• About 2.4GW of solar park projects in the pipeline in at least 16 African countries
  • Aggregated rooftop solar demand of around 1.04GW across 11 African countries

Africa received only five percent of the $200 billion that went into solar projects globally in 2021 due to perceived risk on the continent, Ajay Mathur, Director General of International Solar Alliance (ISA) said.

He observed that at least $400-$600 billion a year worth is available for investment, but investors are shying away as they are not confident of getting back their money. Moreover, there were issues regarding setting up of projects pipeline and processes for approvals, he said while speaking at the Lighthouse webinar organised by ISA and World Bank.

To counter this, “ISA created a risk mitigation mechanism at the last Assembly held on the 18th of October, which we believe has the answer to unlock private sector capital for Africa’s solar market,” Mathur said.

“We are creating a payment guarantee mechanism and combining this with an insurance mechanism and a small amount of seed investment money from development banks as that would be lower cost capital,” he explained

Mathur said such a mechanism provides confidence to private sector investors regarding the safety of their investment and creates an institutional mechanism for a larger ecosystem to push private sector financial resources towards solar energy projects.

Intervention needed to scale capacity

Interventions for scaling solar in Africa can lead to solar deployment of 5-7GW in 4-5 years generating investment opportunities worth $4.5-$6.3 billion, said Santosh Singh, Managing Director of the India-based advisory firm Intellecap speaking at the event.

This can unlock $8.3-11.6 billion in revenues, create 20-30 thousand jobs, enable carbon emissions reduction of 145 million-203 million tonnes and generate carbon credit revenues worth $725 million to $1 billion, he said.

He said interventions will be required to improve market readiness, in financing and for pipeline and capacity building over five years.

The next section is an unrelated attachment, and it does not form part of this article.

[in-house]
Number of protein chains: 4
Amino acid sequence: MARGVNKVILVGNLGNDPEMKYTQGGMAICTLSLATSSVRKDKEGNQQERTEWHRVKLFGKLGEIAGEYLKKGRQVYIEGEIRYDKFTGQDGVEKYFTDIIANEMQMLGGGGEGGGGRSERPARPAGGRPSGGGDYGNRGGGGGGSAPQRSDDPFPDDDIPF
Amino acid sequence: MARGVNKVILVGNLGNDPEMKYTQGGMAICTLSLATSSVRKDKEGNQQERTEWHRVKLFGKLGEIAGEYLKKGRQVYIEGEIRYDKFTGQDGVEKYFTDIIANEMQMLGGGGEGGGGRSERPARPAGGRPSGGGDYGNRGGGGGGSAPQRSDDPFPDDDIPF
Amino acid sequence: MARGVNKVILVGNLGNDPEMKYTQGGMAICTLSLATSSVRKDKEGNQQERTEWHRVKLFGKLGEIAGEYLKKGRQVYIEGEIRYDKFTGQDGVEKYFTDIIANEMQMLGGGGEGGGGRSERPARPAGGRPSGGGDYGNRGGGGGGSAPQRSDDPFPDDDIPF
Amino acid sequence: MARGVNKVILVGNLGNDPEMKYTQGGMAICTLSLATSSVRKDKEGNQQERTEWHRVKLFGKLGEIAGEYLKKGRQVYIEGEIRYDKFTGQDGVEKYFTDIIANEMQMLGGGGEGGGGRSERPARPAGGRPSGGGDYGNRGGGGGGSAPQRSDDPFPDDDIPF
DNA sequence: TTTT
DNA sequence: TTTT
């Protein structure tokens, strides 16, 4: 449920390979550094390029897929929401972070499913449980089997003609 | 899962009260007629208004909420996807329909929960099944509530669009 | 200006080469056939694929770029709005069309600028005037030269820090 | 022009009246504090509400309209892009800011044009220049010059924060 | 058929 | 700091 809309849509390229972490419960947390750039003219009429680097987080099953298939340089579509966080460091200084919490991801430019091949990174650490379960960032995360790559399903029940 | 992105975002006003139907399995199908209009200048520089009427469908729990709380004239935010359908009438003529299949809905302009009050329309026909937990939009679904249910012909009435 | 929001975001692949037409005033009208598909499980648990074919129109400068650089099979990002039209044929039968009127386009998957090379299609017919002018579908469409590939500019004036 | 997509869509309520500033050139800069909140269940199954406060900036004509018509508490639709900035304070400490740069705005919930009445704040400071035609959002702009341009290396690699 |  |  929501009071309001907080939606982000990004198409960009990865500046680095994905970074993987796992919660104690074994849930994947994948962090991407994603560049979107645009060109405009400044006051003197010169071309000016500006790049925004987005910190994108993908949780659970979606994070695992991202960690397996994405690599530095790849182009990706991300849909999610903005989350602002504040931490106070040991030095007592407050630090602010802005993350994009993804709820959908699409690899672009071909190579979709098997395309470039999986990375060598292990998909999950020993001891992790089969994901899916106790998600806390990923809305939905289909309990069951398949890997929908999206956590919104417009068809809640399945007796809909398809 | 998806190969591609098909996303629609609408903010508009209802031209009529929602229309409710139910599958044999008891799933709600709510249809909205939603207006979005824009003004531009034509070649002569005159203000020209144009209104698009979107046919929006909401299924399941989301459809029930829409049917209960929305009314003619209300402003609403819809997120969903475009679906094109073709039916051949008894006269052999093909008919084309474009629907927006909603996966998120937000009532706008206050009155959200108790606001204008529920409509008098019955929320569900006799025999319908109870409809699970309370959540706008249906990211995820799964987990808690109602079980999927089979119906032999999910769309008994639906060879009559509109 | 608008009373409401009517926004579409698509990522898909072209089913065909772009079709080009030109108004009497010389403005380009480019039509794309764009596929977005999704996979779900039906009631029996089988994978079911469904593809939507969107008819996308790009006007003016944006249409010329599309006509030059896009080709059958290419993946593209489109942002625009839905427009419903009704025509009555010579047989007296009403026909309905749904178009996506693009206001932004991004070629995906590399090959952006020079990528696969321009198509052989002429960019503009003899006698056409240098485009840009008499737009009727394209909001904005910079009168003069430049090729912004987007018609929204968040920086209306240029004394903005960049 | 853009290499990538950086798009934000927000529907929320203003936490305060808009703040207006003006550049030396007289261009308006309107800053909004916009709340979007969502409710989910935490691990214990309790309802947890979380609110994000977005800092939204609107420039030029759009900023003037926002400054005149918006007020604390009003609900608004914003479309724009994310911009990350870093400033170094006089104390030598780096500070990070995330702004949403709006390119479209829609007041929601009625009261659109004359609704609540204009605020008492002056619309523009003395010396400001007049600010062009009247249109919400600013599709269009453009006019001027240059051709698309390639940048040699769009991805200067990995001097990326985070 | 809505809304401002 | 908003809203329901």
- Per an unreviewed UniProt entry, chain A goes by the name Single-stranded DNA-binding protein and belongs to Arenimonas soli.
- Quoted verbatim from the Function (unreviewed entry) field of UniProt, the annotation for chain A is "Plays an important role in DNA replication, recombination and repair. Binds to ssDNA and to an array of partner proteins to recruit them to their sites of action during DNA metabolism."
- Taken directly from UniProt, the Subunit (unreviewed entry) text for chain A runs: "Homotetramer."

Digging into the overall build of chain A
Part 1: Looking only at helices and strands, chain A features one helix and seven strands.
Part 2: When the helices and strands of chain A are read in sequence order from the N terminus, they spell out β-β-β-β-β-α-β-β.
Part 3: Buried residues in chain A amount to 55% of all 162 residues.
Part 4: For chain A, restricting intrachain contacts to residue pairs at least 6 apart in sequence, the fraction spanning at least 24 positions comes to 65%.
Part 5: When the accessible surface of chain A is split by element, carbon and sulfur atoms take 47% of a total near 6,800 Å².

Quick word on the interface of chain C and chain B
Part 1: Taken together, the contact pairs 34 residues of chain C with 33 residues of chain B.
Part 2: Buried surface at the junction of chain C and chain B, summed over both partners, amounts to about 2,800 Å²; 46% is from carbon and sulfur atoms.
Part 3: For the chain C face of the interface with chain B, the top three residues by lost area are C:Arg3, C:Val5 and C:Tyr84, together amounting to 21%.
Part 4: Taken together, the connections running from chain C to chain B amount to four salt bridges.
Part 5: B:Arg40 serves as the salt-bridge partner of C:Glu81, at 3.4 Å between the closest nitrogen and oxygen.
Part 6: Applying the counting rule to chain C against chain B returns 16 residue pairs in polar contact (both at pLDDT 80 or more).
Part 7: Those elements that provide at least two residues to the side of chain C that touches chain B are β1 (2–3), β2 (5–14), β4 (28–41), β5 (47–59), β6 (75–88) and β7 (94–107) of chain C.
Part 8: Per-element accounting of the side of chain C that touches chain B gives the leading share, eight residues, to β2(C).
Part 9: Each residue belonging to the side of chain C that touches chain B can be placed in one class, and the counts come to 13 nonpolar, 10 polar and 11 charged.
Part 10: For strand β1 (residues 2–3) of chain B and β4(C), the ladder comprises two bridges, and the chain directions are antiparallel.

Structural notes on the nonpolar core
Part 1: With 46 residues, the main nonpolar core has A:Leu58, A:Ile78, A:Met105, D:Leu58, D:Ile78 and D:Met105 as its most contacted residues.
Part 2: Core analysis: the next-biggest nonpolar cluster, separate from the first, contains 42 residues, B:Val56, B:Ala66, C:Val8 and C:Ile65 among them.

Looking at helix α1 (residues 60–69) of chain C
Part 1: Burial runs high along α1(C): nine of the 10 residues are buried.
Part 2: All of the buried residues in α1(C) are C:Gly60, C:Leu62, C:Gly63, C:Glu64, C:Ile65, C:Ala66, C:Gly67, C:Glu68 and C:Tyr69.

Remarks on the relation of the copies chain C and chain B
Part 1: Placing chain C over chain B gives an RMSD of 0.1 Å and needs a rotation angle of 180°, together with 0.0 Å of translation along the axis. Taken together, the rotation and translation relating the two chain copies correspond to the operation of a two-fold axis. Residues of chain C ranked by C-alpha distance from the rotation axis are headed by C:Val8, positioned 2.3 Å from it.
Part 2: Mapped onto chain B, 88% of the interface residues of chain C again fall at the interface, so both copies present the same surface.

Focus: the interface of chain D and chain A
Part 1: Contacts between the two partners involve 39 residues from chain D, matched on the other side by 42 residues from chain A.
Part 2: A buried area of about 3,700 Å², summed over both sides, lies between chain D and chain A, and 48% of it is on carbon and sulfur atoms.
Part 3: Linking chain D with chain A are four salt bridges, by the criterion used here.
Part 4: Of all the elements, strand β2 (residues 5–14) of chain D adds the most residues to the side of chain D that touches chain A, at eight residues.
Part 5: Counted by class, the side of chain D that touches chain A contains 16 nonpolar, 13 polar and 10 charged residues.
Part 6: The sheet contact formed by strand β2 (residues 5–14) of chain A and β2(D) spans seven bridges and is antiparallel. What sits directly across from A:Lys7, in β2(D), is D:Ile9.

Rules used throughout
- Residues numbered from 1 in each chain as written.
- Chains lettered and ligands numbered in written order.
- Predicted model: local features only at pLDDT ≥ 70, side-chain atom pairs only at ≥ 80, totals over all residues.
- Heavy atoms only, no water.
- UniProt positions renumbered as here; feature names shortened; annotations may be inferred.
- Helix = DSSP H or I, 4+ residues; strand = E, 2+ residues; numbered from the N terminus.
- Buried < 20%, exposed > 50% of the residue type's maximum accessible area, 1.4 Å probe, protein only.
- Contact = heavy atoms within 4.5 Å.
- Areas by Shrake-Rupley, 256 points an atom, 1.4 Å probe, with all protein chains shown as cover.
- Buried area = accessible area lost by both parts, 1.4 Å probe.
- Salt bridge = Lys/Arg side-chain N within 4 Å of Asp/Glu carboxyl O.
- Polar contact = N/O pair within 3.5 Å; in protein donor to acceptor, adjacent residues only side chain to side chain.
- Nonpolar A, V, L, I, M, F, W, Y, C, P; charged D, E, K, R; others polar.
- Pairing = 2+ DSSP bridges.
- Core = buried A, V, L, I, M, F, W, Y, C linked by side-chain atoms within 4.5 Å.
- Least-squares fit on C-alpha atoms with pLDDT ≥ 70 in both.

Stressing that solar parks are critical for rapidly scaling solar, Singh said ISA expects to realise capacities of around 1.38GW across six countries through solar parks by 2025-26.

“About 2.4GW of solar park projects are in the pipeline in at least 16 African countries,” he said adding, this includes 100 MW in Ethiopia funded through a $120 million private financing and 50MW in Mali funded through a $91 million public financing.

Decentralised solar technologies continue to be the anchor of the African solar market, he added.

“Solar mini-grids and solarisation of diesel mini grids is on the rise. Over 1.2 million solar home systems were sold in Africa in 2021 with East Africa accounting for 57 percent of the market, followed by West Africa at 37 percent,” he said.

ISA has aggregated rooftop solar demand of around 1.04GW across 11 African countries with the largest demand seen in Zimbabwe, South Africa, Democratic Republic of Congo, Cape Verde, Guinea-Bissau, and Sudan, he said.

Challenges for rooftop solar include lack of access to finance on account of low capacity, lack of capacity building of DISCOMs, lack of technology solution providers and ineffective implementation of net metering.

Africa’s total installed capacity in 2020 was 260 GW and solar capacity as of 2021 was 9.4 GW with South Africa and Egypt leading on the solar installations front, Singh said. 

(Writing by Sowmya Sundar; Editing by Anoop Menon)